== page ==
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DMoL
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PostPosted: Mon Aug 08, 2016 3:03 pm    Post subject: umount ecrypted fs on hibernate Reply with quote

Hello,

I've followed the guide [1], and successfully encrypted filesystem with sensitive data. Usually I don't reboot my notebook, but do hibernate-to-ram (aka put to sleep). I've noted that after wake up, the encrypted filesystem is still mounted. How can I umount it + execute "cryptsetup luksClose myname", when I press hibernate button?

I'm not sure, but my hibernating process is handled by "sys-power/hibernate-script" .

Thanks!

[1] https://wiki.gentoo.org/wiki/Dm-crypt
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Hu
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PostPosted: Tue Aug 09, 2016 1:30 am    Post subject: Reply with quote

You can run commands before sleep using an OnSuspend NN /path/to/command hook in the configuration file for hibernate-ram. However, you cannot umount a filesystem that is in use.
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frostschutz
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PostPosted: Tue Aug 09, 2016 1:37 am    Post subject: Reply with quote

There is luksSuspend/luksResume that works without requiring umounting. Read/write requests are simply delayed indefinitely.

If it's your root partition you won't be able to luksResume since trying to access cryptsetup binary will get stuck. So you need a kind of initramfs that still provides this binary...
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JeroenMathon
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PostPosted: Thu Aug 11, 2016 1:37 pm    Post subject: Reply with quote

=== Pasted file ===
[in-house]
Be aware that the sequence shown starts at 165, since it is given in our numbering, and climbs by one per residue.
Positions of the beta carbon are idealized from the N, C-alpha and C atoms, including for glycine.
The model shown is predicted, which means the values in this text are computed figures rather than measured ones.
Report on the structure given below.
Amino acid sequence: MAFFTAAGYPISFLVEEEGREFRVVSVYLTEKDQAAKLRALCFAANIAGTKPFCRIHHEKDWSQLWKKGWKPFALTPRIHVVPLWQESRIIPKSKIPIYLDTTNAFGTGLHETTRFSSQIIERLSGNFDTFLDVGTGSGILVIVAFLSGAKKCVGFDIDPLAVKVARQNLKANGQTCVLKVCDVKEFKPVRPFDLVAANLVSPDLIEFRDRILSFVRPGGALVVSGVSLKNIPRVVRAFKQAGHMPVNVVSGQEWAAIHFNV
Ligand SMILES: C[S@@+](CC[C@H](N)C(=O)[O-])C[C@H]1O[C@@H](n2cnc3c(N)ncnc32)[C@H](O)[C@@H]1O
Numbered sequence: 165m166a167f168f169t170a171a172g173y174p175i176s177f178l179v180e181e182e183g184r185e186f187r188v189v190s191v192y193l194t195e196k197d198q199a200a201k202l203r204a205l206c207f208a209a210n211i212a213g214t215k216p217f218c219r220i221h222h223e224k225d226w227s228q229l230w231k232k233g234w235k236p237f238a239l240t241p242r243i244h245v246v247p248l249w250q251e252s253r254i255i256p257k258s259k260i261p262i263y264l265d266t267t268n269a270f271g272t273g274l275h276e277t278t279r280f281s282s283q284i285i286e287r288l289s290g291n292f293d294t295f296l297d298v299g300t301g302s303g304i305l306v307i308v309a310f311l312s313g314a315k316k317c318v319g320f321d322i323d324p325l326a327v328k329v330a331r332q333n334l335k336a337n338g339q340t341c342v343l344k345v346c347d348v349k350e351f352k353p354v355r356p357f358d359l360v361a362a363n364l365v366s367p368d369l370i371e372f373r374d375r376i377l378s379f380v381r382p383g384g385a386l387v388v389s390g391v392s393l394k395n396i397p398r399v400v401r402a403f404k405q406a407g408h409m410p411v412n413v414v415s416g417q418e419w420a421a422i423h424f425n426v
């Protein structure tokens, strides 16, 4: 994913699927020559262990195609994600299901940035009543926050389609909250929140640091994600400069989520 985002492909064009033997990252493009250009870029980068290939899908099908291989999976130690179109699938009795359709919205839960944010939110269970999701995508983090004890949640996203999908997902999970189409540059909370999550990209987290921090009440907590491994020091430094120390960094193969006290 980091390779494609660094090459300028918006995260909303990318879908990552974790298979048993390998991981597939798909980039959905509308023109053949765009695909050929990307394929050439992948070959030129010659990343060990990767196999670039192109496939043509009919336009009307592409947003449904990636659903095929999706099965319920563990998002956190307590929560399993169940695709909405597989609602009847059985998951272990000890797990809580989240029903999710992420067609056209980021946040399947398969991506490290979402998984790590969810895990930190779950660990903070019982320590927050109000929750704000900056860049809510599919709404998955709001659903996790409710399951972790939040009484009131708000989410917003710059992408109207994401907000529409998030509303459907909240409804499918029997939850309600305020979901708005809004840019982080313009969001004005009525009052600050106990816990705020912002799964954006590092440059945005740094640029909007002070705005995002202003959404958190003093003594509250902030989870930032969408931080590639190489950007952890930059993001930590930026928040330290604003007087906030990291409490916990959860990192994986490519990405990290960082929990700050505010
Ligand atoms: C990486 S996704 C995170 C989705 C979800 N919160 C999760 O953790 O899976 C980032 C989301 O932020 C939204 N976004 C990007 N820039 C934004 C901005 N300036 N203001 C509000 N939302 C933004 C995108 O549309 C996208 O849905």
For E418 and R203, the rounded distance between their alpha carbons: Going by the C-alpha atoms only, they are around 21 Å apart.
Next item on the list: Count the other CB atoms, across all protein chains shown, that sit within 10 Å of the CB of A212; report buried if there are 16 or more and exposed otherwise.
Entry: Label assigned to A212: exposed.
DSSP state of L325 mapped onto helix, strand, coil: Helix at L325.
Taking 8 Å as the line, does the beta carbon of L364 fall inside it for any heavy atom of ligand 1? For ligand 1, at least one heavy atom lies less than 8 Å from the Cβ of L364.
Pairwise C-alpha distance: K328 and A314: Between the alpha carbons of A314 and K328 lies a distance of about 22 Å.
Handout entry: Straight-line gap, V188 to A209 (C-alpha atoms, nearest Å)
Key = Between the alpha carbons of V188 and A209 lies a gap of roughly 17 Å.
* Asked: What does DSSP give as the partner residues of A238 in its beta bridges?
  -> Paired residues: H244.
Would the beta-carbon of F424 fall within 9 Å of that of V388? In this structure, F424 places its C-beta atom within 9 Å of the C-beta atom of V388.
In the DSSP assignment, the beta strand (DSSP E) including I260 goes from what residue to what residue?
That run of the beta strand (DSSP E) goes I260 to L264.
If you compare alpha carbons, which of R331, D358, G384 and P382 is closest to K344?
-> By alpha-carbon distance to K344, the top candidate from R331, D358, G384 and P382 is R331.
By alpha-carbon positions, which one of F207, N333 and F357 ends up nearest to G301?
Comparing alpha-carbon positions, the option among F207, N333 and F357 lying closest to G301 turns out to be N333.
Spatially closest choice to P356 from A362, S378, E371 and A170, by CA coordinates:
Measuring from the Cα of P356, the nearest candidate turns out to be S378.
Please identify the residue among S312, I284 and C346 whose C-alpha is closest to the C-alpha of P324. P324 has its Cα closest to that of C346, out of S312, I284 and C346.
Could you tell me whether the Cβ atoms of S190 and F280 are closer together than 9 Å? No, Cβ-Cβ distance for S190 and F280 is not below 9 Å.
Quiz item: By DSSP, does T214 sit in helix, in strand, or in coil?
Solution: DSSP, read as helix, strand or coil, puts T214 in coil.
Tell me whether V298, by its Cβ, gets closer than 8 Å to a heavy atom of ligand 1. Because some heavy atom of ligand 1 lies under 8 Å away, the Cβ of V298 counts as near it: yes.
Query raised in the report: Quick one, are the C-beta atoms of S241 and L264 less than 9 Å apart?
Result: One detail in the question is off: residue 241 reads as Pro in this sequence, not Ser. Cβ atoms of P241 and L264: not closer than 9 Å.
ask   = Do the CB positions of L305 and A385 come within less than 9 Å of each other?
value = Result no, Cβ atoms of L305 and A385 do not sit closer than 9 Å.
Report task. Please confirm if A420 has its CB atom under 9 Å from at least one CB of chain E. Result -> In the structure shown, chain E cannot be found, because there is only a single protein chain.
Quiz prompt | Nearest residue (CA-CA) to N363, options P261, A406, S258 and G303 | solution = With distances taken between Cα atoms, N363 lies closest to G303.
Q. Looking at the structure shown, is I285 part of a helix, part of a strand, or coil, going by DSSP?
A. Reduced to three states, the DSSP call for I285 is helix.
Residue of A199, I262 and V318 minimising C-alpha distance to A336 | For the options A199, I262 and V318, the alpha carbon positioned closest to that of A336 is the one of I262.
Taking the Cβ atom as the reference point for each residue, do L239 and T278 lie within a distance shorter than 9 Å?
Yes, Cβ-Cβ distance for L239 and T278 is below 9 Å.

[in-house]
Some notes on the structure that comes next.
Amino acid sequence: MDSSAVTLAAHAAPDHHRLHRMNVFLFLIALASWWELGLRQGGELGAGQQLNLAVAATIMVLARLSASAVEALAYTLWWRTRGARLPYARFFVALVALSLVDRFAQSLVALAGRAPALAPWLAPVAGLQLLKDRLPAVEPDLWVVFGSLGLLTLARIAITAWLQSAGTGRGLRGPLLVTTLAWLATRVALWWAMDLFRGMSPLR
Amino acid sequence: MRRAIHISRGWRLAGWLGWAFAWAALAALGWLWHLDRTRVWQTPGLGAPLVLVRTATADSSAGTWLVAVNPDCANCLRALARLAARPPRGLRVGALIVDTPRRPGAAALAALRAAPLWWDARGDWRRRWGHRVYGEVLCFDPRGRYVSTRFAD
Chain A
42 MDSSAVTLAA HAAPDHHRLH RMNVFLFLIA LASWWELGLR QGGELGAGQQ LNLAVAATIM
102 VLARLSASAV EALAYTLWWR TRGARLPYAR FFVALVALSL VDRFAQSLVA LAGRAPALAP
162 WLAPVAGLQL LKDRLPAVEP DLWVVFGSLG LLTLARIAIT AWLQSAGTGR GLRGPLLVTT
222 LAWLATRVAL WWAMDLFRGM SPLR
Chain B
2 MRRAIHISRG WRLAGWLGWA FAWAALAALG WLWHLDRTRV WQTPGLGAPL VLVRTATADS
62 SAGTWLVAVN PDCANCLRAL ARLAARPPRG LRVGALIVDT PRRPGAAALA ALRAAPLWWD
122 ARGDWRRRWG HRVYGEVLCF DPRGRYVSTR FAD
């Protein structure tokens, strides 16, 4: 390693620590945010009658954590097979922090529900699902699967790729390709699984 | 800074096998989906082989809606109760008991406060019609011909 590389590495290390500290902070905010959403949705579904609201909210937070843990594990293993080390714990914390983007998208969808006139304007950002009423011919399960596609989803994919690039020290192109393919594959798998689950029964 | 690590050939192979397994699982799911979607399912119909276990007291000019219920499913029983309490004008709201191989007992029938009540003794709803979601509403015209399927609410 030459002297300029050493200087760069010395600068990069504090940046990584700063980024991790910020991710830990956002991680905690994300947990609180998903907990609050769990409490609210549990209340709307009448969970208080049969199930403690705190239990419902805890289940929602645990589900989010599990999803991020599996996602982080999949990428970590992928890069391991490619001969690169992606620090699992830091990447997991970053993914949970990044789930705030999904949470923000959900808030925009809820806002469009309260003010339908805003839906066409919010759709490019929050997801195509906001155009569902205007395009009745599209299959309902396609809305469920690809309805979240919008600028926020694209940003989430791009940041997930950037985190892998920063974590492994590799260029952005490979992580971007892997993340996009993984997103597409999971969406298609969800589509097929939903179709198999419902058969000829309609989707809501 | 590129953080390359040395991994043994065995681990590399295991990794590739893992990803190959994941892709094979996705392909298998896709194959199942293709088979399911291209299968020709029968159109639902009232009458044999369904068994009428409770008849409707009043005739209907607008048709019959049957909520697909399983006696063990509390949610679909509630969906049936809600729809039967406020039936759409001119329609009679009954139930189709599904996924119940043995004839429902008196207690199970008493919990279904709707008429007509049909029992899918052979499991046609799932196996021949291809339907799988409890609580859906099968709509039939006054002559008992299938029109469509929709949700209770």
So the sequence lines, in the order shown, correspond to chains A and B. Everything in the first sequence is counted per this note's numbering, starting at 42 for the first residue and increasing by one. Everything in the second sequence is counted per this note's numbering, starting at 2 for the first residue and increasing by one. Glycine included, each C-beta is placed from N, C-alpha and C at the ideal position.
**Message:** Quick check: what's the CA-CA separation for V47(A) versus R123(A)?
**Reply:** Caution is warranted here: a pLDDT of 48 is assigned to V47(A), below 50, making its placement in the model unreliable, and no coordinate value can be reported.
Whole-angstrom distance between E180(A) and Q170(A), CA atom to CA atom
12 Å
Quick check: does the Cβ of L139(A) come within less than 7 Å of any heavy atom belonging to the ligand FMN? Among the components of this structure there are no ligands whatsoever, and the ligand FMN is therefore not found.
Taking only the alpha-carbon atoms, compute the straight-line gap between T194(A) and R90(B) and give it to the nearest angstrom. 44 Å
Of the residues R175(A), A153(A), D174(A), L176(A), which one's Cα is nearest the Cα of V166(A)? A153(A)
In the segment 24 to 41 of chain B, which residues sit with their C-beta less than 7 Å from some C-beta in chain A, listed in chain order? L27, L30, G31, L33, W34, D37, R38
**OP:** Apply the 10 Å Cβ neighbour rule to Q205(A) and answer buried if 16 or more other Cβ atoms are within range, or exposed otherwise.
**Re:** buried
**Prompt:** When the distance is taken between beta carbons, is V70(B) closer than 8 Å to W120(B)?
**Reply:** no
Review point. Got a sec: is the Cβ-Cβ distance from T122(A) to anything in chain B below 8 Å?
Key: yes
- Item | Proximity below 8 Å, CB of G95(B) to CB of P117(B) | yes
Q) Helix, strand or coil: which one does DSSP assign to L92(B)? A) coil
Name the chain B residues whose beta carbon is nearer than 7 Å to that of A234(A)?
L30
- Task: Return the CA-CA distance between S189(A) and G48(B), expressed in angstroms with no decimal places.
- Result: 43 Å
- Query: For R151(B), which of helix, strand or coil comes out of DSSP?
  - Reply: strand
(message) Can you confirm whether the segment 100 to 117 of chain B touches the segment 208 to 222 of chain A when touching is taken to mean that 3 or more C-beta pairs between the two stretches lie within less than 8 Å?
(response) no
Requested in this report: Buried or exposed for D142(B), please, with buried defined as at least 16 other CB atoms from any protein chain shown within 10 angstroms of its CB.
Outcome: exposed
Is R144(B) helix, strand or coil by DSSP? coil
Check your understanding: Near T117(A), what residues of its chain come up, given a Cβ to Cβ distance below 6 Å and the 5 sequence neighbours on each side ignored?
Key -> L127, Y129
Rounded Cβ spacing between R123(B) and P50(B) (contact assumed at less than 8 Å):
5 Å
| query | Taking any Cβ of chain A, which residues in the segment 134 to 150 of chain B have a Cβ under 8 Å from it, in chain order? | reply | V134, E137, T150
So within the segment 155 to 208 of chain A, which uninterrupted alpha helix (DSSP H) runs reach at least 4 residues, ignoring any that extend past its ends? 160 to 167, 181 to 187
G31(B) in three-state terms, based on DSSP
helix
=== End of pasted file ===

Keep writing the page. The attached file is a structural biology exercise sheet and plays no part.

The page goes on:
I strongly do not recommend using hibernation while having disk encryption.
Mainly because the moment you are not close to your PC you will leave it vulnerable.

You also want to make sure to always shutdown correctly so that LUKS and dm-crypt clear the decryption key from RAM correctly.
If they cannot do that you can retrieve that key trough a cold boot attack.
Having it remain on the disk(I assume a unencrypted partition) is not smart because unless its securely wiped every time it will be easily recoverable(Especially when its on the boot partition which is rarely written on.

TL:DR Having your computer automatically put in the key after waking up from hibernation defeats the purpose of encrypting your computer.


EXTRA NOTE: If an attacker manages to modify the encryption program when your computer is decrypted(in use) to not securily wipe(Which should not be any danger when you remove the power and ram gets cleared because of power loss) then they can retrieve it from the hard disk using forensics tools.
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Hu
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PostPosted: Fri Aug 12, 2016 1:21 am    Post subject: Reply with quote

Some of those concerns are valid, but I think you made two unfounded assumptions. First, OP mentions using sleep, which is typically implemented with substantial help from the system firmware. Yes, the key remains in memory. Yes, a cold boot attack could recover it. However, if the system is in sleep mode, it will not have written the key to disk, and when it resumes, control should transfer automatically into Linux. If OP has configured the system to lock the screen before sleeping, then an attacker could resume the system, but would then have no more access than if he found a locked and unattended desktop.

You can get reasonable safety using hibernate-to-disk with disk encryption if the hibernation image is itself written to an encrypted swap volume. Most guides should advocate this already.

Yes, there is a concern that an attacker could modify the system to compromise the decryption. However, this problem applies also when the owner halts the system and leaves it unattended. An attacker could replace the kernel, initramfs, or both with malicious versions. The threat model for encrypted disks has always been weak relative to the scenario that an attacker has an extended period of unsupervised access to the system when it is not running. TPMs were supposed to solve part of that, but were implemented in such a way that most people do not make sufficient use of them.
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